Parisians know this monument well, its facade adorning the north-east face of Place de la Concorde. Often, they know what it is called too. But perhaps they do not know its history so well. Come and discover the secrets of the Hôtel de la Marine, an iconic site in Paris and a great token of France’s history.
Place Louis XV, today’s Place de la Concorde, was made because Paris City Hall wanted to build a statue paying tribute to King Louis XV in 1748.
To highlight this equestrian statue commissioned from Edmé Bouchardon, the idea emerged to make a square in the king’s honour, based on Place Vendôme and Place des Vosges.
After hesitating for a while, King Louis XV decided on a site belonging to him towards the west of the city, the Tuileries Garden.
An architecture competition was then launched for the development this site. 19 proposals were put forward but none of them satisfied the king.
Following five years of debate, it was Ange-Jacques Gabriel, the king’s chief architect, who created the definitive plans for the future square Place Louis XV by combining the different projects.
The king’s statue was placed in the middle of a square made up of gardens in dry ditches edged with balustrades. The sculpture portraying the monarch represented him in a Roman style, on horseback without a saddle or stirrups. The south end of the square ran alongside the River Seine, while the north end was lined with two twin palaces standing either side of Rue Royale and featuring classic monumental facades. To the west, the square opened up to the Champs-Elysées and the Cours-la-Reine promenade.
When the monarchy fell, Place Louis XV, made in tribute to the king, changed its name to Place de la Révolution, then to Place de la Concorde from 1795.
Once the plans had been drawn up and development work on the square had got under way, it was time to find a role for the two palaces on the north side of the square.
In 1765, the decision was made to house the Garde-Meuble de la Couronne, the institution in charge of the king’s furniture, in the eastern palace (between today’s Rue Royale and Rue Saint-Florentin), the future Hôtel de la Marine. At first, the Garde-Meuble de la Couronne was supposed to occupy only part of the building, but it ended up filling the entire edifice in 1767.
Pierre-Elisabeth de Fontanieu, the first Intendant to head the Garde-Meuble, made the most of this to develop the building so that it fully met the needs of his administration by including storage areas, workshops, lodges, exhibition galleries and more.
For around 25 years, the Garde-Meuble and its Intendant, Pierre-Elisabeth de Fontanieu then Marc-Antoine Thierry de Ville d’Avray, lived in the palace.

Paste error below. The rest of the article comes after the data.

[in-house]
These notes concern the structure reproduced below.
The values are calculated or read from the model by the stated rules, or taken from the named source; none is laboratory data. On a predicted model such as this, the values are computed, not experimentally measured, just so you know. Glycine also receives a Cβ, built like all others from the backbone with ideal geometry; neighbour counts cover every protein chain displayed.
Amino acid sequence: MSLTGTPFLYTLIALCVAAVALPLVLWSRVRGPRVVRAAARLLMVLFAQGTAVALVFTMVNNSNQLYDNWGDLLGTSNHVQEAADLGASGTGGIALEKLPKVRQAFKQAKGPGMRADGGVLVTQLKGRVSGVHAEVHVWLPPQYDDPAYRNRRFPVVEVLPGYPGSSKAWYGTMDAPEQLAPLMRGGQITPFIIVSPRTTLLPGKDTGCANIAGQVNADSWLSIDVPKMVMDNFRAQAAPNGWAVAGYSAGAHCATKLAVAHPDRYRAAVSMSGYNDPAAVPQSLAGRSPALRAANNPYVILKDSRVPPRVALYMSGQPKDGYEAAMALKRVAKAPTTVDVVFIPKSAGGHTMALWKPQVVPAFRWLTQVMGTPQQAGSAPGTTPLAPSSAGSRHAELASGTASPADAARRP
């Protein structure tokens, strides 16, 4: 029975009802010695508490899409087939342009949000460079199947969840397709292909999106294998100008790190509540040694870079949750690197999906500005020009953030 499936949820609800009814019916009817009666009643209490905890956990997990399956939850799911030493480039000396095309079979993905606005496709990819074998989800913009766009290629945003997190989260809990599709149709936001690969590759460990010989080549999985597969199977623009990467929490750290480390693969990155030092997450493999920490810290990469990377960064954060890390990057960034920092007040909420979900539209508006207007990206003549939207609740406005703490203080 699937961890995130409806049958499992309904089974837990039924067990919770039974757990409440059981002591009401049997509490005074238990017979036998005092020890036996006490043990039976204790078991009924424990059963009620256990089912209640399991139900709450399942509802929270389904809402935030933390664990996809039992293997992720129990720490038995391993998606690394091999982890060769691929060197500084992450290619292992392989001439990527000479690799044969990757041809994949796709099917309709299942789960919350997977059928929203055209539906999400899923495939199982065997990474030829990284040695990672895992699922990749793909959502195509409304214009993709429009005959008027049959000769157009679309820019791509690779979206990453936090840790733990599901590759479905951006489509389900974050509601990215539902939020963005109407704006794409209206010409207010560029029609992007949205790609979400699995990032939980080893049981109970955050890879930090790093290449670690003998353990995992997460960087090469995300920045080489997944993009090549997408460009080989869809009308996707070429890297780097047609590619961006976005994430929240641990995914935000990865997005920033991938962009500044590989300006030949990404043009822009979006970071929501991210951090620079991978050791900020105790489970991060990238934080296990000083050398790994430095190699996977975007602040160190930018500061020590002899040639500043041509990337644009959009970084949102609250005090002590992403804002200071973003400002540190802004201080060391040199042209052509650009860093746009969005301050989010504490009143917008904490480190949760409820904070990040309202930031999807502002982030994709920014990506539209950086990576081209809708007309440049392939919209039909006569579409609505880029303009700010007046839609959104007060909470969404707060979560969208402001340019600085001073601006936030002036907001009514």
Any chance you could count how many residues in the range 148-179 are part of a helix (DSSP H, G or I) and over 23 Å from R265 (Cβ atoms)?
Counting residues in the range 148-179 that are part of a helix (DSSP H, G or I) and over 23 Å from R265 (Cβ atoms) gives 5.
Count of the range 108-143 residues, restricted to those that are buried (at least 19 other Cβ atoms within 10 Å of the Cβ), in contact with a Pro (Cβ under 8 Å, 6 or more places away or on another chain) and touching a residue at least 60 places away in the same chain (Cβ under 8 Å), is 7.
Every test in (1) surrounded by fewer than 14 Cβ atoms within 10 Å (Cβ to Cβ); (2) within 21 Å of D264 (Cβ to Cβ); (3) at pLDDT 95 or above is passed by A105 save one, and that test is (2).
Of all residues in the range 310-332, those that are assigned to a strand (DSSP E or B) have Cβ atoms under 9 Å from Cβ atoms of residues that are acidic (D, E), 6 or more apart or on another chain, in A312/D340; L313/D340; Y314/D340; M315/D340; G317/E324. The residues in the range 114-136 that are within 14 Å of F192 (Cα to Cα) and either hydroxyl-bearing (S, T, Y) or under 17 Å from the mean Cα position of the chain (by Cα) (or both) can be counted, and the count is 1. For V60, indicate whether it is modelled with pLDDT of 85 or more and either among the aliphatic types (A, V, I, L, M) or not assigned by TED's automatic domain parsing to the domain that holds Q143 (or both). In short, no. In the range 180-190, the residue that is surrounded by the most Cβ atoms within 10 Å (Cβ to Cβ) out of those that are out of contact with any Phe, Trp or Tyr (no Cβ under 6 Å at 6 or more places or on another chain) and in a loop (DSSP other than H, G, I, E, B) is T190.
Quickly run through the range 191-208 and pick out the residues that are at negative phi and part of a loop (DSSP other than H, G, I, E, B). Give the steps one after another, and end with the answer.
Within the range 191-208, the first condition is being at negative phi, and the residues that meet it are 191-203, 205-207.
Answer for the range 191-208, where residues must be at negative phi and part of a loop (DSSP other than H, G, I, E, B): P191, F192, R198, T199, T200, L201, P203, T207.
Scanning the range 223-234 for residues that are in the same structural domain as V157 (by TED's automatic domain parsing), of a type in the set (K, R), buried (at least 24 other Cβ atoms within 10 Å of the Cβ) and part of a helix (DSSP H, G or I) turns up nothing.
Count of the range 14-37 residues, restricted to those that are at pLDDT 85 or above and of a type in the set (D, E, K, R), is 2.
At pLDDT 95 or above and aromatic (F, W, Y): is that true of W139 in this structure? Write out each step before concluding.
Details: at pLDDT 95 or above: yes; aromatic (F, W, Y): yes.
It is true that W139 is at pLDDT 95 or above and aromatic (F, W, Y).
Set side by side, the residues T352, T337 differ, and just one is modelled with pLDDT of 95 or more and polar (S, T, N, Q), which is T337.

A forebear of today’s public body Mobilier national, this institution was in charge of supplying and maintaining the furniture of royal residences: Versailles, as well as Compiègne, Fontainebleau, Marly, Choisy, Trianon, Rambouillet, Saint-Germain-en-Laye and Montreuil.
The institution was responsible for choosing, purchasing and maintaining the king’s furniture, from beds to everyday chairs. It was also in charge of conserving the royal collections of weapons, armour, fabrics, wall hangings, hardstone vases, bronze works and Crown diamonds.
Because it symbolised the country’s government and royal ostentation, the days of the Garde-Meuble de la Couronne were numbered.
Two events marked the place’s history:
When the revolution got under way, King Louis XVI left Versailles for Paris.
All state institutions in Versailles had to therefore move to the capital.
But a considerable challenge emerged where in Paris could they be housed? The navy ministry, with Count de la Luzerne and Jean-Baptiste Berthier at its helm, got permission from the Intendant of the Garde-Meuble de la Couronne, Marc-Antoine Thierry de Ville d’Avray, to settle in the palace housing the Garde-Meuble in 1789.
To begin with, the navy ministry occupied the rooms on the second floor and in the western part of the first floor. Less than ten years later, it occupied the entire building. This marked the start of two centuries of France's navy ministry being based in this palace, which henceforth bore the name Hôtel de la Marine. It was not until 2015 that the navy ministry left the building.
Because it symbolised the Ancien Régime, the institution was simply abolished at first in the revolution. Some of the furniture and artworks were then auctioned or burned, often to salvage precious metals. In 1800, it was refounded with the name Garde-Meuble des Consuls. Later, it became the Mobilier impérial before ending up as the Mobilier national in 1870. The Mobilier national is still in charge of the furniture belonging to the country’s different national institutions, such as the Elysée Palace.